Even though China is still far from ‘opening up’, some people are already preparing to ‘live together with the virus,’ reminding others that getting vaccinated, keeping social distance, and washing hands are all measures that will help in preventing getting Covid.

“I am worried about getting Covid but I also want to open up,” some on Weibo said.

“As much as I wanted it all to end, this feels abrupt,” one social media user from Inner Mongolia wrote: “It won’t be the same as before. The thorough ‘zero Covid’ [policy] has gone. The country’s protection of our health has gone up to this point. I hope everyone can now take care in prevention themselves, and protect themselves and their families. I hope the epidemic situation will end soon, that the world will be ok, and that we can have our freedom.”

Meanwhile, Hu Xijin informed netizens on Saturday that he had some milk, boiled eggs, pastry and pickled mustard greens for breakfast. While working on his condition and nutrition, he says that if his Covid positive time comes, he will not get any VIP treatment. If allowed, he’ll either recover from home or go to a centralized Covid location.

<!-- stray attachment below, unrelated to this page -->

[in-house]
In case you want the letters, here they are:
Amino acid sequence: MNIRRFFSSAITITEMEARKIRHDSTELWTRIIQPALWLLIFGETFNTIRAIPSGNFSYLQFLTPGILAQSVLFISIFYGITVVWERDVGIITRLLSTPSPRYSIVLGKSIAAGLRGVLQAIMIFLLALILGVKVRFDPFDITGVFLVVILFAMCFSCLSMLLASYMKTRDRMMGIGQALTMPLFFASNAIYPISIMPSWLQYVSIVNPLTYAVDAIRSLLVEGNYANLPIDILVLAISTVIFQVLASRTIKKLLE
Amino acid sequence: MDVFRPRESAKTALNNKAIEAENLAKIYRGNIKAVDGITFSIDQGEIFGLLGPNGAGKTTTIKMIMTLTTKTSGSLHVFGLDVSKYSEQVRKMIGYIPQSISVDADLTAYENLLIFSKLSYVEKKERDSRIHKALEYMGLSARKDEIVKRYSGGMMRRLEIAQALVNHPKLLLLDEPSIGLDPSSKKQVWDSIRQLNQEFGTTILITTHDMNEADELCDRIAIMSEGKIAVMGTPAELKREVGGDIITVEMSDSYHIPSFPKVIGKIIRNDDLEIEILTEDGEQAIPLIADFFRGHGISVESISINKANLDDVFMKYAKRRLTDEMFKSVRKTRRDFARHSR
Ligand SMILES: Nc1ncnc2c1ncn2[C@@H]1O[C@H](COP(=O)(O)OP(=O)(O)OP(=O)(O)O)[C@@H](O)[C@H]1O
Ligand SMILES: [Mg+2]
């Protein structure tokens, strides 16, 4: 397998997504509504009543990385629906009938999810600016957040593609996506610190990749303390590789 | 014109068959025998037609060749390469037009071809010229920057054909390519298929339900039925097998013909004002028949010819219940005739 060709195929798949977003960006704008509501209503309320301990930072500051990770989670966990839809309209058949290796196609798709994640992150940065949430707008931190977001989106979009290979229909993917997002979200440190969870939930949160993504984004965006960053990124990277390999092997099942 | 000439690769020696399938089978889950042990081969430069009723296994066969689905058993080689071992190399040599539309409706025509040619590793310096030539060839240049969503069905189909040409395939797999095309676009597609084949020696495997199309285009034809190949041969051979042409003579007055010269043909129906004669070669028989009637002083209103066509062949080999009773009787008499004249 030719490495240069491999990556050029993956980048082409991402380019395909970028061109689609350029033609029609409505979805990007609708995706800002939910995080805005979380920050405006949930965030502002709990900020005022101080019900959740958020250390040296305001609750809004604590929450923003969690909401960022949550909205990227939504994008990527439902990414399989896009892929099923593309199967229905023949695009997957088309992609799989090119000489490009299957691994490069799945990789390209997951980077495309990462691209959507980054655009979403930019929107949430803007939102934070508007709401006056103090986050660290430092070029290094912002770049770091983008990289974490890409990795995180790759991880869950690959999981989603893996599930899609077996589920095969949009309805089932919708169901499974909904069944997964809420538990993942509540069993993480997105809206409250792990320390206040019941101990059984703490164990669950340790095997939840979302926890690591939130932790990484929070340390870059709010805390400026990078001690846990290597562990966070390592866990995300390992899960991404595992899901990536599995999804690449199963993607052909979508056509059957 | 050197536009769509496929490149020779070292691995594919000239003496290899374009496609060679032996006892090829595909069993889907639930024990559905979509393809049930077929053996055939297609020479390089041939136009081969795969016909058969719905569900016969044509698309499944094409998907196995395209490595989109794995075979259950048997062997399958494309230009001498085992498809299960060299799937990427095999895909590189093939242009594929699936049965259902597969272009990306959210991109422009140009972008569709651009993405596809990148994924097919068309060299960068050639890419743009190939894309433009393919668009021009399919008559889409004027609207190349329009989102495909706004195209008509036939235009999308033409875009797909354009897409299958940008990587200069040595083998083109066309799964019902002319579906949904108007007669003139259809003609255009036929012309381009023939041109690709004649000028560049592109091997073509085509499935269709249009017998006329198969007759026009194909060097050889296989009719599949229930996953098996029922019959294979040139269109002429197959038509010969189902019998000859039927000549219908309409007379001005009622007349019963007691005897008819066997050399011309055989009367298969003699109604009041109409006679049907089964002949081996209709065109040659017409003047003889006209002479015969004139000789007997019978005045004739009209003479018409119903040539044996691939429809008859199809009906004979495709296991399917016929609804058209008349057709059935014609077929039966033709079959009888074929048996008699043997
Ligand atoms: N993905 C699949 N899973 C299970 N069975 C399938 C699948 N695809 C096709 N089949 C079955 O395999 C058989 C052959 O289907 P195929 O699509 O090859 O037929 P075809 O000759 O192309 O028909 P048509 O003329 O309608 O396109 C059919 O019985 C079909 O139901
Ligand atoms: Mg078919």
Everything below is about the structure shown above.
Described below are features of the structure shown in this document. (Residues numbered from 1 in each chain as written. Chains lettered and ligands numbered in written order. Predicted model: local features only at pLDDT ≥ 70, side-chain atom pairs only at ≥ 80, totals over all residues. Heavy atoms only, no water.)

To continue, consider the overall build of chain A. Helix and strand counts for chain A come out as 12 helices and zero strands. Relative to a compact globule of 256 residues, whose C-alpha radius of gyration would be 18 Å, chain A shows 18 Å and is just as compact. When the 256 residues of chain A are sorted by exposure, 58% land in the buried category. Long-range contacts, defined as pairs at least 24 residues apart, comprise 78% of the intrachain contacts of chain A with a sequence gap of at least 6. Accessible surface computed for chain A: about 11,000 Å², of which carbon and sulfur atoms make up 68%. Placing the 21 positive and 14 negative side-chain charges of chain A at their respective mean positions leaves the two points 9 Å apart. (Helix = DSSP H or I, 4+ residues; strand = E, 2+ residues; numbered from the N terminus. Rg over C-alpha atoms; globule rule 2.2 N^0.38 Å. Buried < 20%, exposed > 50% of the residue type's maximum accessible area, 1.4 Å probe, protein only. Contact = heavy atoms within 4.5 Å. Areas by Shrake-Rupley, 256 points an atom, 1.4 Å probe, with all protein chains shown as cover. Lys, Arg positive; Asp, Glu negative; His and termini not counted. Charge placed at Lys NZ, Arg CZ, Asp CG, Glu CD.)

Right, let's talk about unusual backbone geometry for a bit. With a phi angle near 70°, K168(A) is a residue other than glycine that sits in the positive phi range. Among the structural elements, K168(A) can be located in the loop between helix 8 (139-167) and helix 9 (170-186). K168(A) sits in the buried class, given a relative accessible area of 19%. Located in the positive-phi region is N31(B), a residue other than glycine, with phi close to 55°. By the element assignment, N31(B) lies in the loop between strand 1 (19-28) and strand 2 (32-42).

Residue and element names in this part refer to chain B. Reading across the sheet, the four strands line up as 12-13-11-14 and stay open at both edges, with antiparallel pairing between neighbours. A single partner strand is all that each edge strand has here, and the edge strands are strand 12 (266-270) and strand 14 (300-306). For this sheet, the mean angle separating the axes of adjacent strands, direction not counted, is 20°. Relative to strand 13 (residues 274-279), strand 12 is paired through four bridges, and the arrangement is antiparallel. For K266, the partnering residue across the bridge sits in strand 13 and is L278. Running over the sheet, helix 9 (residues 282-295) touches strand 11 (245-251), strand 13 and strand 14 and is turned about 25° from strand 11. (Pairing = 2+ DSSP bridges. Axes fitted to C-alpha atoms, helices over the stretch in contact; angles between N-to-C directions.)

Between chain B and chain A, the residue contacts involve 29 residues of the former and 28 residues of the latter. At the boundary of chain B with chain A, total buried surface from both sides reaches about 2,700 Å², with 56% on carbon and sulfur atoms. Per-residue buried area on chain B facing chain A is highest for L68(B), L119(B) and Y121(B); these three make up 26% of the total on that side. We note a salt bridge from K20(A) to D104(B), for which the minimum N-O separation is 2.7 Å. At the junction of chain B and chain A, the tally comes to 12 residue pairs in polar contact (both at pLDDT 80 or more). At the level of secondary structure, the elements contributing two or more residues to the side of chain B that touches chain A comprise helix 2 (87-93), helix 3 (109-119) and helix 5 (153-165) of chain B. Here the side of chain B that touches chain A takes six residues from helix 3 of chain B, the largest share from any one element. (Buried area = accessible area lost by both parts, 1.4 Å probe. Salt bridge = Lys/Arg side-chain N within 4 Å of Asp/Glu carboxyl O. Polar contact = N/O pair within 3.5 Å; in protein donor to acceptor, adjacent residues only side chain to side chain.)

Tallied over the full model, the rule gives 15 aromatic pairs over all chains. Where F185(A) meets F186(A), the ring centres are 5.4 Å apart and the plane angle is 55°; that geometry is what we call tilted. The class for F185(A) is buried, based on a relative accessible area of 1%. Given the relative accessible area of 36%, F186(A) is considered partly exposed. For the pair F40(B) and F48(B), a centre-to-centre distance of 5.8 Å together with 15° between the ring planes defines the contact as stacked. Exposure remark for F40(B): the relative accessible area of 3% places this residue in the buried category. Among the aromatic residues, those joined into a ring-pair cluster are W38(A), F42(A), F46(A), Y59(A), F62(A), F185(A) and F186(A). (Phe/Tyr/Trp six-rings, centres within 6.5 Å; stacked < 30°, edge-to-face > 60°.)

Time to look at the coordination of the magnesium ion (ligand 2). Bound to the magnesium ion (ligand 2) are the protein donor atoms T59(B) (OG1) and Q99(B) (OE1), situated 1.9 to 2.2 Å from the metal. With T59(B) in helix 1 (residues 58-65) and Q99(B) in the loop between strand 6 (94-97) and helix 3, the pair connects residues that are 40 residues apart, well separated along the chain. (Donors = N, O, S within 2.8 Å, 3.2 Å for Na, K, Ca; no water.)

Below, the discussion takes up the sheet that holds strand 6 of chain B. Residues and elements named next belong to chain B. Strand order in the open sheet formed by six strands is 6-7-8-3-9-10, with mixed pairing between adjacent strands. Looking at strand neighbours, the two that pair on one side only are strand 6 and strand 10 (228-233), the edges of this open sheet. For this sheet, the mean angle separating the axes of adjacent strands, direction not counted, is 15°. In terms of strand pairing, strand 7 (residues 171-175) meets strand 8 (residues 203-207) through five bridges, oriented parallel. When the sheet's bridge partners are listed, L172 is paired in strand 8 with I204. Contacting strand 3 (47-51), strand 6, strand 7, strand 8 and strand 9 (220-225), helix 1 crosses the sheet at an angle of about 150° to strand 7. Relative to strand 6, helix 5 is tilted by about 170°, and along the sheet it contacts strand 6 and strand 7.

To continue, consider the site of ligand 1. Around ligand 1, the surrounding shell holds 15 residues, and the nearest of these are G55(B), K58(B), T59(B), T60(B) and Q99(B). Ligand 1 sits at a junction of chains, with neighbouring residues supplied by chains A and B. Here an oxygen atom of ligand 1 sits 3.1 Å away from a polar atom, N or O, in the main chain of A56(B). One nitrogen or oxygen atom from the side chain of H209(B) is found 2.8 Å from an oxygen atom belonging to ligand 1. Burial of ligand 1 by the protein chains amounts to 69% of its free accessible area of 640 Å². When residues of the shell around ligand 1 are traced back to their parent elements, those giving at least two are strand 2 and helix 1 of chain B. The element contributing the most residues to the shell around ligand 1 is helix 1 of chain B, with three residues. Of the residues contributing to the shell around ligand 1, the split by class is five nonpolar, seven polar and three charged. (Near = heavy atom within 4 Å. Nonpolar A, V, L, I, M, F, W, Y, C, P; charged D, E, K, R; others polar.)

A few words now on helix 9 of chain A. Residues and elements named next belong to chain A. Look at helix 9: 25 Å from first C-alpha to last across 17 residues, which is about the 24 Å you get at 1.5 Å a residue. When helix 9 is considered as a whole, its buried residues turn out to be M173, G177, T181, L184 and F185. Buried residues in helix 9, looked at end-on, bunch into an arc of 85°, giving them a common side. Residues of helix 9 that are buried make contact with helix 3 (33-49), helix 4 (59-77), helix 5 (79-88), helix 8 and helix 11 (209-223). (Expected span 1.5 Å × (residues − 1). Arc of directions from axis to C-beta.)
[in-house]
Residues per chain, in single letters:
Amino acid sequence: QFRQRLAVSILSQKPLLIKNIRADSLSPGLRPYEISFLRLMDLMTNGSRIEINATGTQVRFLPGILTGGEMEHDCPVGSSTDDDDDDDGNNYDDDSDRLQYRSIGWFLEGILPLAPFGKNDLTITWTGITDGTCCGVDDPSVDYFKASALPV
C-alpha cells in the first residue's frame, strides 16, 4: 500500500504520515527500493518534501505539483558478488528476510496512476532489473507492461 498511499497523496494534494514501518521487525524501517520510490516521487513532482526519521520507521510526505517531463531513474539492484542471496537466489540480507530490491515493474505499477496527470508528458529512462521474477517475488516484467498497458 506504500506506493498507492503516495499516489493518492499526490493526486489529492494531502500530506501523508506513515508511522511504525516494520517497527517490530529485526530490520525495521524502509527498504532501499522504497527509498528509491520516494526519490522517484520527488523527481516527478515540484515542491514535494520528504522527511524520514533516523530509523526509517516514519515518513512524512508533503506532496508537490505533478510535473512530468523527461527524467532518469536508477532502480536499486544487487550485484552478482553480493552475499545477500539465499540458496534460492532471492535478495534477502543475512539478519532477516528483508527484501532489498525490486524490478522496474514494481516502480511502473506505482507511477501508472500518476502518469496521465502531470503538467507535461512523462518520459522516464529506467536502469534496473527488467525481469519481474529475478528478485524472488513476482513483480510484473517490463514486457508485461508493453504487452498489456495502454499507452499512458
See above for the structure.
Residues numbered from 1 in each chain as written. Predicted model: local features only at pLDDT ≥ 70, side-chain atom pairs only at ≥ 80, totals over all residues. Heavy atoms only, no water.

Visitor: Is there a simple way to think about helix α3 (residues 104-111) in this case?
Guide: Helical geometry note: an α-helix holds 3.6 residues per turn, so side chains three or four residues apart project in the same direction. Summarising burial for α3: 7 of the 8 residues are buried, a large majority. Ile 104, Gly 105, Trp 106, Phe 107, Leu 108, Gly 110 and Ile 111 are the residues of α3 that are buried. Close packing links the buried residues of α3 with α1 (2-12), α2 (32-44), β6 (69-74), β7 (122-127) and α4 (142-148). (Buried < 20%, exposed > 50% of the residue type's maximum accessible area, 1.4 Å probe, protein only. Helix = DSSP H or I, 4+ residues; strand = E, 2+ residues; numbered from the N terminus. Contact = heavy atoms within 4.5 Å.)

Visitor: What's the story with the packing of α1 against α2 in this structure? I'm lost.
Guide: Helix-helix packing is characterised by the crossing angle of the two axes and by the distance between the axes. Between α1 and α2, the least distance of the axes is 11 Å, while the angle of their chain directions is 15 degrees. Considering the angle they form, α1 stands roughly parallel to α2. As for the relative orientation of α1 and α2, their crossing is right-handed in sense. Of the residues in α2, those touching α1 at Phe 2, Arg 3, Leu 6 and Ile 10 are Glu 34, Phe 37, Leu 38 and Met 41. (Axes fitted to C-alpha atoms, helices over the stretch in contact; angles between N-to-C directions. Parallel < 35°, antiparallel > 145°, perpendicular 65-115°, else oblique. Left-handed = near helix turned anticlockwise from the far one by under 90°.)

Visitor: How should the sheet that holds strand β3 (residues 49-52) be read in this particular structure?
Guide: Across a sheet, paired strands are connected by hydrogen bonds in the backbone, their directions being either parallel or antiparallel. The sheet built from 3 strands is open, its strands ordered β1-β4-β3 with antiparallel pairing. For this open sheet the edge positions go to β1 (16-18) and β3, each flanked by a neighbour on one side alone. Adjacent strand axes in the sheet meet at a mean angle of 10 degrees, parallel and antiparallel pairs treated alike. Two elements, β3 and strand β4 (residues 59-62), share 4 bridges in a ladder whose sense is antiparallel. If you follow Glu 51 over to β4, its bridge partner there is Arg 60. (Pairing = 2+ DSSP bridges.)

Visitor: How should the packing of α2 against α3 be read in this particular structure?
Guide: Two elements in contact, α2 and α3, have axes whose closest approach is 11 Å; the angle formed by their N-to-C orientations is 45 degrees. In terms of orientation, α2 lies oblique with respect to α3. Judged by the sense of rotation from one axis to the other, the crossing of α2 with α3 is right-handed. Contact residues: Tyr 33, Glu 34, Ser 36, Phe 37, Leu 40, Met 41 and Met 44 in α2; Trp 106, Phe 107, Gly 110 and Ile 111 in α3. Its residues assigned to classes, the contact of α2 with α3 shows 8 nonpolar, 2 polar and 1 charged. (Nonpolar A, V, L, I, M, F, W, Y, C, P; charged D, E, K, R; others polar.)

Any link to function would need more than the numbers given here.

He will just have to wait and see what happens, just as millions of other Chinese citizens are waiting to see what this winter is going to bring.

By Manya Koetse , with contributions by Miranda Barnes

The featured images are all images that went viral recently in light of China opening up (including nucleic acid testing booths being taken away).

 

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China and Covid19

Announced Changes in Nucleic Acid Testing and Further Easing of Covid Measures Across China

Bus and subway operators in Beijing will no longer refuse entry to passengers without a 48-hour negative nucleic acid certificate.

Manya Koetse

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On Monday, directly after that noteworthy unrest-filled weekend, the hashtag “Multiple Locations Announce Nucleic Acid Testing Changes” (#多地核酸检测通知发生变化#) went trending on Chinese social media, receiving over 660 million clicks by Monday evening.

Immediately following demonstrations in Beijing and a second night of protests in Shanghai and elsewhere, various Chinese media reported how different areas across the country are introducing changes to their current Covid19 testing measures.

On Wednesday, November 30, China’s vice-premier Sun Chunlan made remarks at a meeting on epidemic prevention, underlining the importance of “constantly optimizing” China’s Covid-19 response and talking about a “new stage and mission” – without ever mentioning “zero Covid.”

This is what we know about easing Covid measures thus far: